One headline called it an “echo of Leon Trotsky”. The article explained the coverage by simply saying, “Socialist Resistance won the sympathy of journalists because of their courage.”
In Pakistan, and many other sections, CWI members also face far greater repression than we do here in Britain. However, it is perhaps in Sri Lanka that our international most urgently needs international solidarity to assist the tremendous work that Sri Lankan CWI members are doing. Siritunga Jayasuriya, general secretary of the United Socialist Party (and presidential candidate in 2005 – coming third and winning 35,425 votes), arrived at the CWI congress straight from the murderous attack on a rally he was chairing by 100 armed thugs, led by a government minister.
The rally, which thousands were originally expected to attend, was called under the slogans of ‘No to the brutal (civil) war!’ and ‘Against repression and poverty’. It was in response to the escalating military clashes between the Sinhala state forces and the Liberation Tigers of Tamil Eelam and against state and extra-parliamentary harassment of Tamil-speaking people and of those who defend them and fight for workers’ and human rights.
It was because of the USP’s exemplary record in standing for the right of self-determination of the Tamil and Muslim minorities that Siritunga had been asked to chair the rally. The CWI congress agreed that it was necessary to repeat the ‘practical internationalism’ shown by the CWI at the time of the tsunami, by launching a major campaign to try to safeguard the USP and other anti-war campaigners in Sri Lanka.
In a number of countries, CWI sections are at this stage concentrating mainly on popularising socialist ideas while working as independent parties – in Australia and Sri Lanka, for example, the sections have succeeded in getting the only socialist councillors in either country elected.
One of the key tasks facing the working class internationally is the creation of political parties that act in its interests. It is widely recognised by working people that parties such as New Labour in Britain and the SPD in Germany, no longer in any sense represent their interests – but are brutal neo-liberal parties. The CWI fights for new mass workers’ parties to be founded. In a number of countries the CWI is involved in campaigns for the establishment of new workers’ parties – including here in England and Wales and in Belgium. In Belgium, against the background of the first general strikes in over a decade, the campaign CWI members helped to initiate is taking the first steps towards setting up a new party.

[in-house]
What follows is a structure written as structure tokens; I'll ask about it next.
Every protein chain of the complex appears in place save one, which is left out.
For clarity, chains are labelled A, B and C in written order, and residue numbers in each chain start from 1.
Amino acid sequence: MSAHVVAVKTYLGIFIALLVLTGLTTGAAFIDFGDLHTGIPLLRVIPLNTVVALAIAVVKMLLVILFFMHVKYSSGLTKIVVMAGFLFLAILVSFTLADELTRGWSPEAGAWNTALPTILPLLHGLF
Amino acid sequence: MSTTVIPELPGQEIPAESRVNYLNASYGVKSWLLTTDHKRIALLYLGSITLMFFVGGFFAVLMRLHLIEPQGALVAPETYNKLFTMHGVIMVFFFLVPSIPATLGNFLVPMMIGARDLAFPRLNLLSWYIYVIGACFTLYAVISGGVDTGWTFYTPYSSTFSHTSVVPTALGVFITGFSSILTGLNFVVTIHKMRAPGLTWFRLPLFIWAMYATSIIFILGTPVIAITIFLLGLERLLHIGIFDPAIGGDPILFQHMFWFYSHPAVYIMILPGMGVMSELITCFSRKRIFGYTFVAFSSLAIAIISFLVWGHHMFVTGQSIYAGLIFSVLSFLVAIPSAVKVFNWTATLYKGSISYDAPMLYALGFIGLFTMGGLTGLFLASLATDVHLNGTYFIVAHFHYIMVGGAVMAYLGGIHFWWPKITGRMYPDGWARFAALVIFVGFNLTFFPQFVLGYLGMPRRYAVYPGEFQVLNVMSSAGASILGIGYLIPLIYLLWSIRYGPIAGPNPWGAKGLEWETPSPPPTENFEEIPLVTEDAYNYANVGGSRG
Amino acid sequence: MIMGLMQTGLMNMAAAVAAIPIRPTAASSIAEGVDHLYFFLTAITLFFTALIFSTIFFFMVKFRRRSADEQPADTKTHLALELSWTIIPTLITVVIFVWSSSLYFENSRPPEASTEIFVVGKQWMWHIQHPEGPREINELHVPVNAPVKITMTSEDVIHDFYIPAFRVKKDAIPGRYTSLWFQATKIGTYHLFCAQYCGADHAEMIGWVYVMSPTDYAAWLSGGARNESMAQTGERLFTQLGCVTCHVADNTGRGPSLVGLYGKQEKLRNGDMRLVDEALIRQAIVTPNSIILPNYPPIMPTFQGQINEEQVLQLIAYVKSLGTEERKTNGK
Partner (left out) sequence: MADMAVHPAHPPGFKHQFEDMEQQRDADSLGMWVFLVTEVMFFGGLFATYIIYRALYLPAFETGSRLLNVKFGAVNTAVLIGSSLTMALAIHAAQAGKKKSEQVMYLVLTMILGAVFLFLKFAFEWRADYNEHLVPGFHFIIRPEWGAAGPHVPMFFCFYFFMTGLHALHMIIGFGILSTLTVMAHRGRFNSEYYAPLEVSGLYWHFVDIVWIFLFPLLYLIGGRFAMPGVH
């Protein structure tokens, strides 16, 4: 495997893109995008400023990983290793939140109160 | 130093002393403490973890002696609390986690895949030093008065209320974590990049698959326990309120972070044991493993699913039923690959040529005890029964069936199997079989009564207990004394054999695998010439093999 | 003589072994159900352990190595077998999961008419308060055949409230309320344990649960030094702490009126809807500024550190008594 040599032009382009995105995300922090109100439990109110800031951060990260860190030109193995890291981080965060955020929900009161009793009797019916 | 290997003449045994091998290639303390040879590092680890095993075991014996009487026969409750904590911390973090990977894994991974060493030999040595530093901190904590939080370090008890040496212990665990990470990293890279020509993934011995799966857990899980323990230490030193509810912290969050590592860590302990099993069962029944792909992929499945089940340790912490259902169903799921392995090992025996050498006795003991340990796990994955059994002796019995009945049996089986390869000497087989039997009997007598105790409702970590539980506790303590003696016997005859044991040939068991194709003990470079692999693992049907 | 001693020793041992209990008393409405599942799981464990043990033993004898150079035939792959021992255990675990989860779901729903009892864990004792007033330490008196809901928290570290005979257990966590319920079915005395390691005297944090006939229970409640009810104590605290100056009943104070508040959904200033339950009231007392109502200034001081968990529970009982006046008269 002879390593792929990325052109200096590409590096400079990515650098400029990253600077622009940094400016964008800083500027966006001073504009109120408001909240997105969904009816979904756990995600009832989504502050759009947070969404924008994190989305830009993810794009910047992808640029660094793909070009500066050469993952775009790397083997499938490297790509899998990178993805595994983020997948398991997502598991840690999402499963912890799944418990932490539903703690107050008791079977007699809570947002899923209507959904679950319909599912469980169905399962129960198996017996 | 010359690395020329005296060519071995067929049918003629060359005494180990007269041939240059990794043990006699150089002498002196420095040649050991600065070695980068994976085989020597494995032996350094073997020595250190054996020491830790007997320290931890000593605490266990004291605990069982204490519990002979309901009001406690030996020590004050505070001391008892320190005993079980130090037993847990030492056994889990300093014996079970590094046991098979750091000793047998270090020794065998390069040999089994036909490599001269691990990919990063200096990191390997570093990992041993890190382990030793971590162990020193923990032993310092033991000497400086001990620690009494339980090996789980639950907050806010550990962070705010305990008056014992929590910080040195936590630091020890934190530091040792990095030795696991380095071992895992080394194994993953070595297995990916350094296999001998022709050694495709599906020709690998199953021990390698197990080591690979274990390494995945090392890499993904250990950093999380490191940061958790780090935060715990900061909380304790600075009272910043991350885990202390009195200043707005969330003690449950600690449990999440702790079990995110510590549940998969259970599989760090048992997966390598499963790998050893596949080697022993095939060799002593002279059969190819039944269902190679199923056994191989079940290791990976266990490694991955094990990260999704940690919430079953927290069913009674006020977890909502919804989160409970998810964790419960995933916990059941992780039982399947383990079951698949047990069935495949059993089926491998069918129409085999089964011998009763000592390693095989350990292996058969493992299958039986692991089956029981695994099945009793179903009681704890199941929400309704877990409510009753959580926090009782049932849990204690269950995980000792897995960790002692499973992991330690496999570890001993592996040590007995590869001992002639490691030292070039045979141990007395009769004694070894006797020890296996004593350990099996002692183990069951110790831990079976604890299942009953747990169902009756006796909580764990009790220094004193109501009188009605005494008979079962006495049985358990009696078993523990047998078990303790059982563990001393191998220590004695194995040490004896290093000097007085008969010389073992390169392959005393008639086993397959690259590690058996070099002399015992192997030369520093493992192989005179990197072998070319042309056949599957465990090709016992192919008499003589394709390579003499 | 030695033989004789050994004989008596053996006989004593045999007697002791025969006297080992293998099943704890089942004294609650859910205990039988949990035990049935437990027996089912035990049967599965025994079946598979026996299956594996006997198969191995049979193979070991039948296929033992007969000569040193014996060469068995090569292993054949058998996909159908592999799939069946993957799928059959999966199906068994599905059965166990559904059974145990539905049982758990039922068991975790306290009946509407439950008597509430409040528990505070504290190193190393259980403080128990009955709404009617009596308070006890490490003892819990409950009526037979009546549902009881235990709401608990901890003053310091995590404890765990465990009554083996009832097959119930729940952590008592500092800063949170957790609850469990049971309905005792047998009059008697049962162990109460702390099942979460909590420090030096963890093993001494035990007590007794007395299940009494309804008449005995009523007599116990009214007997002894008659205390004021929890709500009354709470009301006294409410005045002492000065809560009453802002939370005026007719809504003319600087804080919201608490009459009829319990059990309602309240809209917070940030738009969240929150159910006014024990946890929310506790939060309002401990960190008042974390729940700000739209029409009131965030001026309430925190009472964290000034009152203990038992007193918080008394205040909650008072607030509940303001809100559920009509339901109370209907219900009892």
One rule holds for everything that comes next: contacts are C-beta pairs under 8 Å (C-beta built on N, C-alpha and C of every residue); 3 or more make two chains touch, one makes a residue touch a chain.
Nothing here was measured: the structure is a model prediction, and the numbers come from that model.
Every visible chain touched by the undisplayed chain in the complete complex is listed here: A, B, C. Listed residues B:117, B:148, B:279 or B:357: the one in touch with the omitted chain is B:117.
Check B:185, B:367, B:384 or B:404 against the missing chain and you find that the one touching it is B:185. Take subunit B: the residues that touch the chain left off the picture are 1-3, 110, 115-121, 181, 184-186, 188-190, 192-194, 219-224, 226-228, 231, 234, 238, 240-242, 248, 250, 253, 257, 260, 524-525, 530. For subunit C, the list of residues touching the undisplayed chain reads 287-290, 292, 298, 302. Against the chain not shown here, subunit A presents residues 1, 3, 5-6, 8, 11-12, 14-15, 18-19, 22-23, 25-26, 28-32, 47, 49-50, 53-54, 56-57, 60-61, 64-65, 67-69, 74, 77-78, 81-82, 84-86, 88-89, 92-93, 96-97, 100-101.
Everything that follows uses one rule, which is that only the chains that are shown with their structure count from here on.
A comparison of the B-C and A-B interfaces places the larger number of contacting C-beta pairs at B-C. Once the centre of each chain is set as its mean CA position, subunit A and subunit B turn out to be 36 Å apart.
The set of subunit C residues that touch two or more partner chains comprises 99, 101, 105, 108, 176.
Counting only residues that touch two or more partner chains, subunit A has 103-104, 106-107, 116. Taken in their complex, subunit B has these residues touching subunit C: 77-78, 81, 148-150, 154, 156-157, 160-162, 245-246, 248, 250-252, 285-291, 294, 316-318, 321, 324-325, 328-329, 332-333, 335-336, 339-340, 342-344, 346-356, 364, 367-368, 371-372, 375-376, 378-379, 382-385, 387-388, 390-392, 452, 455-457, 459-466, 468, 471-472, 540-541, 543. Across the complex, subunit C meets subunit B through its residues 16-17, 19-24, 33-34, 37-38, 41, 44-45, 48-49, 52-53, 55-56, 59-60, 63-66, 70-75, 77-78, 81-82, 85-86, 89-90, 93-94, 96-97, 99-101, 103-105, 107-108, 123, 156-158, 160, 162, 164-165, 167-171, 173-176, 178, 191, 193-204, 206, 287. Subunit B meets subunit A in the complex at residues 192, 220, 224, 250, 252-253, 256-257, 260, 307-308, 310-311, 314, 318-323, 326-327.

The founding conference of CAP (committee for another kind of politics) brought together more than 600 people, young and old, but mainly union based. Unlike in Britain at this stage, a number of leading left figures have broken with Social Democracy and have joined the campaign. CAP how has 14 branches, and is planning to stand in the next elections. CWI members in Belgium are playing an important role in its development.
In Poland, members are helping to build the Polish Labour Party (PPP) which is an anti-capitalist party, largely based on the Silesian miners.
However, it is far from guaranteed that these new broad parties will reach their potential. As well as fighting to build them, we must also campaign to make sure that they stand firmly against cuts and privatisation – in deeds as well as words. The potential limitations of such formations if they do not do so is shown by developments in the WASG – the new left party in Germany.